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Site-directed spin labeling (SDSL) in combination with Electron Paramagnetic Resonance (EPR) spectroscopy has become an important tool for measuring distances in proteins on the order of a few nm. For this purpose pairs of spin labels, most commonly nitroxides, are site-selectively introduced into the protein. Recent efforts to develop new spin labels are focused on tailoring the intrinsic properties of the label to either extend the upper limit of measurable distances at physiological temperature, or to provide a unique spectral lineshape so that selective pairwise distances can be measured in a protein or complex containing multiple spin label species. Triarylmethyl (TAM) radicals are the foundation for a new class of spin labels that promise to provide both capabilities. Here we report a new methanethiosulfonate derivative of a TAM radical that reacts rapidly and selectively with an engineered cysteine residue to generate a TAM containing side chain (TAM1) in high yield. With a TAM1 residue and Cu2+ bound to an engineered Cu2+ binding site, enhanced T1 relaxation of TAM should enable measurement of interspin distances up to 50 Å at physiological temperature. To achieve favorable TAM1-labeled protein concentrations without aggregation, proteins are tethered to a solid support either site-selectively using an unnatural amino acid or via native lysine residues. The methodology is general and readily extendable to complex systems, including membrane proteins.
Distance constraints in proteins provide direct information on structure and structural transitions therein. Therefore, methodological development and optimization of distance measurements in proteins is an important endeavor in protein science and structural biology. Typical distances of interest in proteins are on the order of tens of Angstroms (Å). Among the available experimental methods that can measure distances on this scale, site-directed spin labeling (SDSL) combined with electron paramagnetic resonance (EPR) spectroscopy stands out as a unique and powerful approach, applicable to proteins and protein complexes of any degree of complexity or size, and with relatively high sensitivity (μg of proteins required).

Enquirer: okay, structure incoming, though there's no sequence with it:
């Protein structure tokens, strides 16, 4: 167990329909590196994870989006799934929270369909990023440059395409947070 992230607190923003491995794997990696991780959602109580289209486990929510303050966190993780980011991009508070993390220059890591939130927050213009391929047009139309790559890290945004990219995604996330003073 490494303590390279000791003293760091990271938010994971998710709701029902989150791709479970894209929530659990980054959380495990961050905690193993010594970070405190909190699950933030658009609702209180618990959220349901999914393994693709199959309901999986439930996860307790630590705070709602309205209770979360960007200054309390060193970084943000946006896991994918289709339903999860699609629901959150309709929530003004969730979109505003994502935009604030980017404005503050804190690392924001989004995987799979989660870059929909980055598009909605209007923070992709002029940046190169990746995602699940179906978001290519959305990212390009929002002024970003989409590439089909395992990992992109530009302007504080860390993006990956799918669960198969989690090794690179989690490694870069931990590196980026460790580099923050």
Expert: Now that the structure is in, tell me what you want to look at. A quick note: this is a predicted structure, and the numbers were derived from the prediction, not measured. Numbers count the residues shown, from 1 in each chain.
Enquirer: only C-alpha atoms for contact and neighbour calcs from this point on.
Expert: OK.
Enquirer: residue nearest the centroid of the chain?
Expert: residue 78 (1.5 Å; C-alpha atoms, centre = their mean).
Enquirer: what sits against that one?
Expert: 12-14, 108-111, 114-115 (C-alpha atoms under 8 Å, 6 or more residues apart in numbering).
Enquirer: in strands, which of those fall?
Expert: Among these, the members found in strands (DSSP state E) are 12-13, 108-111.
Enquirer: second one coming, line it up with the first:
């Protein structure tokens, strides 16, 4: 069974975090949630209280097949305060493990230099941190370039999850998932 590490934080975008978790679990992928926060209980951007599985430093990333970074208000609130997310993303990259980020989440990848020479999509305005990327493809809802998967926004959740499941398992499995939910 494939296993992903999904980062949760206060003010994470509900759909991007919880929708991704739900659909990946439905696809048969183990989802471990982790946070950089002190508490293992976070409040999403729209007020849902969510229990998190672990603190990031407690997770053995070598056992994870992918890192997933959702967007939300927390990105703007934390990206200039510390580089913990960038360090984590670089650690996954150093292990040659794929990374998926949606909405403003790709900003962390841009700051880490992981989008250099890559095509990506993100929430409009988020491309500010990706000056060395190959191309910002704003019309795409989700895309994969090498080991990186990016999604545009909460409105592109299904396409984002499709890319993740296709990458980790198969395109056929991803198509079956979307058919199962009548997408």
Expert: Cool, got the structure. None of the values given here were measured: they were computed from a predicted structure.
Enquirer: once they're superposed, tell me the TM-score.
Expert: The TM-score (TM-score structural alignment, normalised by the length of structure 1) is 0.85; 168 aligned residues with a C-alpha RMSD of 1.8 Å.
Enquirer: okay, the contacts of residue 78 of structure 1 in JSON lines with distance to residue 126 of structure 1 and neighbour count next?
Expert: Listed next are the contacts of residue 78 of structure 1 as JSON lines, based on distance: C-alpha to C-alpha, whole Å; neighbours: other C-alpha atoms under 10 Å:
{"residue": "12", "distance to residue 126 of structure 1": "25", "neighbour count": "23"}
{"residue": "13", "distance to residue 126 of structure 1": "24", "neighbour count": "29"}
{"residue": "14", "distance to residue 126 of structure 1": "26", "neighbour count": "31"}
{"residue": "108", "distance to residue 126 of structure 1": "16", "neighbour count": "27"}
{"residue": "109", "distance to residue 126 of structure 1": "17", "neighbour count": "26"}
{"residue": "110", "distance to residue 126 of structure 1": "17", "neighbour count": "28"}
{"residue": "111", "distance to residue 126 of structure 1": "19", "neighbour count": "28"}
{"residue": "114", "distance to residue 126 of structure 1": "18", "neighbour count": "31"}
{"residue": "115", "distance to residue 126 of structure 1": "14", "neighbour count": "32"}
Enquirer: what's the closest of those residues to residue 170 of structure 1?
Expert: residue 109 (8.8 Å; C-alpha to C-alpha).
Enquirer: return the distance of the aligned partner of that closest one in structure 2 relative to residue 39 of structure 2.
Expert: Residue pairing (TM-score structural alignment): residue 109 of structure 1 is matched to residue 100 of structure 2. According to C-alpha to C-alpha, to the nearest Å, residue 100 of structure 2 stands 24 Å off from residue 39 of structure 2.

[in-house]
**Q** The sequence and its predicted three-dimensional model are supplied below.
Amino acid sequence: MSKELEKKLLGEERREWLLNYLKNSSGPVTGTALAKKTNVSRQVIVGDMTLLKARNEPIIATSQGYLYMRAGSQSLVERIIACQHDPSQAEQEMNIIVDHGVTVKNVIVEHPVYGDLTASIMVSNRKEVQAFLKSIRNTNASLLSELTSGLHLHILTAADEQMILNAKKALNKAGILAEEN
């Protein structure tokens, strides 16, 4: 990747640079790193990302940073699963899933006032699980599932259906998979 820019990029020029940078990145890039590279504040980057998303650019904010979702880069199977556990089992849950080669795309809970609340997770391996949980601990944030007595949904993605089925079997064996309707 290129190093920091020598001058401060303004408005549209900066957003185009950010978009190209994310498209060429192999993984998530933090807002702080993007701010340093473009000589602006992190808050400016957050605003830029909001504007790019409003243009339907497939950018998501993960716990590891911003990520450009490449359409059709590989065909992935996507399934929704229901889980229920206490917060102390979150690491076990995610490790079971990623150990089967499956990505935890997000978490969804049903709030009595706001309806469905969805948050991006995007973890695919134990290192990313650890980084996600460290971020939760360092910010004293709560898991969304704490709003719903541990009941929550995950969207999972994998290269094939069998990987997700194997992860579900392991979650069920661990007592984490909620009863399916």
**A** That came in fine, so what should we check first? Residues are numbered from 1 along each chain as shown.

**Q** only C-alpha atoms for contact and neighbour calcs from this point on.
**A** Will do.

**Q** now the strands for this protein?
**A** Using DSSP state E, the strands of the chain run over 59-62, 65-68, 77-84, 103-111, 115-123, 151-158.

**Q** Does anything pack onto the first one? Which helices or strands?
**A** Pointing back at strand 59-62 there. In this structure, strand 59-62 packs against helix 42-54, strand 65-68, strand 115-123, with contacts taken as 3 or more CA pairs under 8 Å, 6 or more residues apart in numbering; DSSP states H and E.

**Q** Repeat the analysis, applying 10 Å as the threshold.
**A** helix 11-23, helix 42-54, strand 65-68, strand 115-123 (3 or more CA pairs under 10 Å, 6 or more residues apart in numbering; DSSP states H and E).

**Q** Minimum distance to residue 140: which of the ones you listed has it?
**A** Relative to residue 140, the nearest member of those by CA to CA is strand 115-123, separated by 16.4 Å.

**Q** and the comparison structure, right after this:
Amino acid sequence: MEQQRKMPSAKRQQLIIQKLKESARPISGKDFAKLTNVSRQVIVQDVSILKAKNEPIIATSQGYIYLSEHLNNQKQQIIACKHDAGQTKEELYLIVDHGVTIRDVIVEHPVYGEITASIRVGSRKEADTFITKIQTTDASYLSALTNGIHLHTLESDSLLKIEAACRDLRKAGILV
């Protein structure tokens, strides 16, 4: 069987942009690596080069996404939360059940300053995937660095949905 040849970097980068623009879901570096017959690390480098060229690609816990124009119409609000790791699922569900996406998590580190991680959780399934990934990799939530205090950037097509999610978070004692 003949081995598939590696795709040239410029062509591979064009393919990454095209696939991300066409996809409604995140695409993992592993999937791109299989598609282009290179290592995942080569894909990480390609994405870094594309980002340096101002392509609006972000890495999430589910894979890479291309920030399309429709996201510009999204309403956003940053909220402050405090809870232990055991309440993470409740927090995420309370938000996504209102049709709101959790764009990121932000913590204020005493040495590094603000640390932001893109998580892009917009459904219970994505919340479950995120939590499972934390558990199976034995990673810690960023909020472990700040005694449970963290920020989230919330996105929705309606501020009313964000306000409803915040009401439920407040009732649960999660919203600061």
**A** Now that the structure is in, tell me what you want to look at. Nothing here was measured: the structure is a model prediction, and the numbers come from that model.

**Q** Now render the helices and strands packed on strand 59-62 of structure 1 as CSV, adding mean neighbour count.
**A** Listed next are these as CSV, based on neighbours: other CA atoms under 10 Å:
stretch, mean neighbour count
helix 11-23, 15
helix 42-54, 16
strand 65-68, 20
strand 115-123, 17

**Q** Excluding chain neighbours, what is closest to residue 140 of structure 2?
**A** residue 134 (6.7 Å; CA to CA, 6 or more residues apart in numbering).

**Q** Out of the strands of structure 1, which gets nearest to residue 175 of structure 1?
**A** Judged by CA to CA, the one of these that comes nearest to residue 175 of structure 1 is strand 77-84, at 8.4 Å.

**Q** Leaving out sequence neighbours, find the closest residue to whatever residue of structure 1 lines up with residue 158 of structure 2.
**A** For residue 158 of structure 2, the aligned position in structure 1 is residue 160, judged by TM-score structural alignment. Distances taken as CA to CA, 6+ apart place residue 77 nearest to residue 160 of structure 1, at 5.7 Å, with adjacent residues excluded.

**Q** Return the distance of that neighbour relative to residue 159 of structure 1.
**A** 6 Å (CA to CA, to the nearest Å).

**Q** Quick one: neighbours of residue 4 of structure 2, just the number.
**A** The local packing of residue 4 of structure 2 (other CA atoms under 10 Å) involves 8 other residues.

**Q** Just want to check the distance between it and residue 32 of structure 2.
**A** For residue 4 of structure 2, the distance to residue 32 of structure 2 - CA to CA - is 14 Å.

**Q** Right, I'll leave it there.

In the SDSL-EPR strategy, spin label pairs are introduced site-selectively [1,2], and the magnetic interactions between the pairs are measured as a metric for the interspin distance. Nitroxides are commonly used as spin labels, and the nitroxide side chain R1 [3,4] is the most popular (Figure 1). Conformationally constrained nitroxide side chains R1p  and RX  that limit the contribution of side chain flexibility to the determined distances have also been developed (Fig. 1).